o NO, NO, NO
    Prostaglandin F2Alpha
            o Excellent, inexpensive
    Ovariohysterectomy
            o Best for nonbreeders
    Ergots (??????????)

Expected results:
    100% effective
    Just continue treatment until fetuses disappear!

CASE #3
History:
    4 ½ month old intact Yellow Labrador Retriever, “Lady”
    Vulvar discharge with duration of one month
    Dog licks the vulvar area
    Appears to go outside to urinate more often
    Discharge is mucoid

Clinical findings:
     HR, RR, temperature are all normal
     Weight: 35 pounds
     Physical exam within normal limits except slight vulvar discharge

Differential diagnosis:
     Metritis
    Pyometra
    Vaginitis
    Cervicitis
    Vaginal tumors

Possible diagnostic tests:
    Vaginal cytology
            o Determine if inflammatory or infectious process is present
    Vaginal culture
            o Only if cytology deems it is warranted
    CBC/profile
            o Limited value
    Brucella screening test?
    Ultrasound
            o Limited value
    Radiographs
            o Limited value

Diagnostic test findings:
    Cytology
            o Numerous WBC
    Culture
            o Streptococcus sp. sensitive to ampicillin

Differentials:
     Metritis
             o Too young
     Pyometra
             o Has not had a heat
     Vaginitis
             o Possible and common
     Cervicitis
             o Rare in the bitch and rarer in the young non-bred bitch
     Vaginal tumors
             o Rare in a dog this young

Diagnosis:
    Vaginitis: Prepubertal

Treatment:
    Local antibiotic therapy
    Premarin: Weak estrogen
           o 20ug/kg
           o 0.625 mg tab/60 lbs twice a week

Expected results:
    Recovery is approximately 95%
    Stubborn cases may require retreatment or reculturing and using a different antibiotic
    May disappear after a normal estrus
CASE #4
History:
    9 ½ year old coon hound, “Seeker”
    Blood in urine and ejaculate
    Used for breeding since he was 2 and up until he was 8
    Few other health problems
    Owners wish to use him again

Clinical findings:
     HR, RR, temperature were all normal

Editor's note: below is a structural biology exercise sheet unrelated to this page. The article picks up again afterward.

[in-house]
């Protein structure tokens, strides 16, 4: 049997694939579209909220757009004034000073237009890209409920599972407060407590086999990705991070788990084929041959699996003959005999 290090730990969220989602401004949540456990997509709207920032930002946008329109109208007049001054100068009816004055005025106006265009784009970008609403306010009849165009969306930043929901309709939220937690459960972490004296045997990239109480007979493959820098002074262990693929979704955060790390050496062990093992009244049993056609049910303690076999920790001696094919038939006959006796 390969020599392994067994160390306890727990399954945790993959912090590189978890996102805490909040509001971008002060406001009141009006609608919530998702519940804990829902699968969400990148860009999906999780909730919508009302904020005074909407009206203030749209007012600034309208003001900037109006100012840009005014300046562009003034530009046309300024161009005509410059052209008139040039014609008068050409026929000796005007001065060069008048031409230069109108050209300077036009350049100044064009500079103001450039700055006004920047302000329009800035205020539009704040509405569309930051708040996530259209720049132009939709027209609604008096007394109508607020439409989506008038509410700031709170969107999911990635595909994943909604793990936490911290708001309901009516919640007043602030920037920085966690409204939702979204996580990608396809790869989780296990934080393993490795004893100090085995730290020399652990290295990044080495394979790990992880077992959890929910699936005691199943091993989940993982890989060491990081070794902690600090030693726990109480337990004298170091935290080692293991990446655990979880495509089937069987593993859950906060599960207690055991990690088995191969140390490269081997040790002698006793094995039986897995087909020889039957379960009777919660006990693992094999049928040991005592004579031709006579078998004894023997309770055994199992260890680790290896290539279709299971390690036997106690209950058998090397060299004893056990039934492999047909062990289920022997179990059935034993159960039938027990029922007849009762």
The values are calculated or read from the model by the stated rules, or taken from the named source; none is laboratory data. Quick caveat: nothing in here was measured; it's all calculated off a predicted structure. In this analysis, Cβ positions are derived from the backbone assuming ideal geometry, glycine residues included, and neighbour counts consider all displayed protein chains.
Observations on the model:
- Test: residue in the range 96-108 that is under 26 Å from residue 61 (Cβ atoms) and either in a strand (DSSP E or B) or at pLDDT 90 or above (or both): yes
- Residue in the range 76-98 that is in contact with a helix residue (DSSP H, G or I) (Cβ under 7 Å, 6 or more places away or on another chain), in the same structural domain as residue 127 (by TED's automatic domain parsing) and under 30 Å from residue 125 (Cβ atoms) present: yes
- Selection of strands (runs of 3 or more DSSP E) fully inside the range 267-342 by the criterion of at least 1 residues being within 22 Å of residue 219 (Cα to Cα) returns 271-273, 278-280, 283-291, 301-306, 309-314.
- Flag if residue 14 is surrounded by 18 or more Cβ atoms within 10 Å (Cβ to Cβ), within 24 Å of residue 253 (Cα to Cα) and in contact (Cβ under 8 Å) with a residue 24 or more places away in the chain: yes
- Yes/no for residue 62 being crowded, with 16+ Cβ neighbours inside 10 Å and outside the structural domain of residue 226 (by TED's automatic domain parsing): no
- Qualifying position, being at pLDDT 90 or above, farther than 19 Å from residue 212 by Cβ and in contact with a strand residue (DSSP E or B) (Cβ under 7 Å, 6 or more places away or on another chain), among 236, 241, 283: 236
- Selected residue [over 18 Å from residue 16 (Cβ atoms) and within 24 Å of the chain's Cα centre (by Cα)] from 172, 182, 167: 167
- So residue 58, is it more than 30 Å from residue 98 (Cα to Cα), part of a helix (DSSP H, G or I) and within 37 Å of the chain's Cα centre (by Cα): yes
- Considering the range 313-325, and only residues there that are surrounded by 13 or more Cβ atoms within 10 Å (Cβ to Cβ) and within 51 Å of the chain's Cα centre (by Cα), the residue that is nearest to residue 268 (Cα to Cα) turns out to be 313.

     Weight: 48 pounds
     Prostate is enlarged and normal division between lobes is absent
     No pain on palpation
     Blood in ejaculate appears during the middle portion of collection

Differentials:
     Prostatitis
             o Hypertrophy of the prostate
             o Acute infectious prostatitis
             o Chronic infectious prostatitis
             o Prostatic cancer (?)

Possible diagnostic tests:
    Examination of ejaculate
            o Possible testicular degeneration
    CBC/Profile
            o Little value since little systemic signs
    Brucella
            o Always a good idea since he is a breeder
    Testosterone concentration: Little value
    Culture of prostate: Limited value initially
    Urine culture: Probably no value
    Ultrasound of prostate: May be of value

Diagnostic findings:
    Examination of the ejaculate
            o 12% primary abnormalities
            o 35% secondary abnormalities
            o Total number of cells within normal limits

Differentials:
     Hypertrophy of the prostate
             o Fits the history of blood without systemic signs or pain
     Acute infections prostatitis
             o No increased temperature or pain
     Chronic infectious prostatitis
             o No recurrent episodes of pain, or other indications of a chronic infectious condition

Diagnosis:
    Benign prostatic hypertrophy
Treatment:
    Castration: Only true treatment
    Ovaban (megestrol acetate)
           o 0.25 mg/lb/day for at least 45 days
    Proscar
           o 1 mg/kg/day for at least 4 months
    Estrogens